The survey found that more than half of people (52%) no longer affiliate with an organized religion, with most of those people saying they weren’t raised with faith. (Second generation Nones!) More importantly, they’re not even half-assed Nones, who are apathetic about religion. The survey found that there has been a rise in the number of Nones who say they are “very” or “extremely” unreligious. 33% said that, compared to only 14% who felt the same way in 1998.
That’s a sign of a backlash against organized religion and its consequences.
The percentage of self-proclaimed Christians has dropped from 66% in 1983, when the survey was first conducted, to 38% today.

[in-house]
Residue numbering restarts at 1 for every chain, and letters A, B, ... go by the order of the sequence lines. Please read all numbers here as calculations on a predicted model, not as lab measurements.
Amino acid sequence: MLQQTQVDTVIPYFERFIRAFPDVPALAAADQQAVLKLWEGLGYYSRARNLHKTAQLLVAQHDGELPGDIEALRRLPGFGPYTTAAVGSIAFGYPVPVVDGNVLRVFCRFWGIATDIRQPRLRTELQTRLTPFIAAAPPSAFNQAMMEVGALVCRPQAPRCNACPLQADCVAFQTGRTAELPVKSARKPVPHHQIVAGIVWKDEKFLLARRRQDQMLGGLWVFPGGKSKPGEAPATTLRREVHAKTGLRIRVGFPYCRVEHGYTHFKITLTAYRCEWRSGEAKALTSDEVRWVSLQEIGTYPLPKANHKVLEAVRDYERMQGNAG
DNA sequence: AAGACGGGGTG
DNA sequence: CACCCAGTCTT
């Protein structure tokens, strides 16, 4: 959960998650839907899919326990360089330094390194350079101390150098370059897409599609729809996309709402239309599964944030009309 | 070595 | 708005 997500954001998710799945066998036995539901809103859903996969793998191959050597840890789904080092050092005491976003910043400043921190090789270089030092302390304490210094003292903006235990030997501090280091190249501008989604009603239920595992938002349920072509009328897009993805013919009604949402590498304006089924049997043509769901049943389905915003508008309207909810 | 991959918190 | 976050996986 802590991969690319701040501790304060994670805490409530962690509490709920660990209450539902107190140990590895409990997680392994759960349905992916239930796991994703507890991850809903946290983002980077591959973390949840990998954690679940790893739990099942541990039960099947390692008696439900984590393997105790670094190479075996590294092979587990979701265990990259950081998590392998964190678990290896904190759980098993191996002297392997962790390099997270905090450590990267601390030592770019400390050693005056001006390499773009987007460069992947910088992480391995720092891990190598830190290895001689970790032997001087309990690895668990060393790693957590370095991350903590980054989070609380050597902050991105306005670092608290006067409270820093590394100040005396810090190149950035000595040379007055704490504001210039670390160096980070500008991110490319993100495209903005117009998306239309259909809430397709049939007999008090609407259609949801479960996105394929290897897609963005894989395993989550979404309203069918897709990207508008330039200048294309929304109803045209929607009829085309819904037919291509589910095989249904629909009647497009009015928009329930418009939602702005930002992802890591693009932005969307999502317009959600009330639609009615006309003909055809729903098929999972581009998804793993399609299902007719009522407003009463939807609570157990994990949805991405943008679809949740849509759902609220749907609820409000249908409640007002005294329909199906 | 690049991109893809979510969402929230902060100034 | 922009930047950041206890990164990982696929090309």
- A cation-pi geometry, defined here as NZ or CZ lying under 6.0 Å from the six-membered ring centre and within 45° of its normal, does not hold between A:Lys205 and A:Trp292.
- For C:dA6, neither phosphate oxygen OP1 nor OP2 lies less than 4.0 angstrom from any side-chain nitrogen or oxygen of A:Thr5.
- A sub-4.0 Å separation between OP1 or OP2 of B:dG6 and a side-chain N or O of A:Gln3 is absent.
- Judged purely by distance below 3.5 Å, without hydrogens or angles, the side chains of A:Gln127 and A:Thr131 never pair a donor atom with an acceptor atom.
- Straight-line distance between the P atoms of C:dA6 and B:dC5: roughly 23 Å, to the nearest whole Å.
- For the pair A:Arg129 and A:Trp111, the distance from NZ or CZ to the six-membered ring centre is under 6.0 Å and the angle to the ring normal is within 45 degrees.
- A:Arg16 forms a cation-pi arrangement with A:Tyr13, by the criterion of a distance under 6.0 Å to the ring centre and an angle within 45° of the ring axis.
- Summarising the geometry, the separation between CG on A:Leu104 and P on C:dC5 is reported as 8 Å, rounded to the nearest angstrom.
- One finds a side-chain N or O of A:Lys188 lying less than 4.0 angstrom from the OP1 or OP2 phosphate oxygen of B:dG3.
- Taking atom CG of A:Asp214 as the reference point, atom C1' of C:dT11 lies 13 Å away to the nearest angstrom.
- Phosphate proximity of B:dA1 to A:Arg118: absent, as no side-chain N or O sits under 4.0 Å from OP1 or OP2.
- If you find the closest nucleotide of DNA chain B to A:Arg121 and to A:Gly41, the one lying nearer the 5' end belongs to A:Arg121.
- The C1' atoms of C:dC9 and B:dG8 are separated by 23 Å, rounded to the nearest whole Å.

“Britain is becoming more secular not because adults are losing their religion but because older people with an attachment to the C of E and other Christian denominations are gradually being replaced in the population by younger unaffiliated people,” says the report.
“To put it another way, religious decline in Britain is generational; people tend to be less religious than their parents, and on average their children are even less religious than they are.”
Perhaps the most shocking bit of news: Only 1% of people ages 18-24 say they have an affiliation with the Church of England compared to 33% of people who are older than 75.
The spell is breaking with each generation.
The report calls all of this a “dramatic decline” in Christian identification. That may be technically true, but it sounds so… sad that way. It’s not. It’s wonderful news that should be treated as such. So let’s rejoice in this eradication of superstitious nonsense in exchange for some common sense and reason.
If only the nation’s politics would follow suit.
(Featured image via Shutterstock)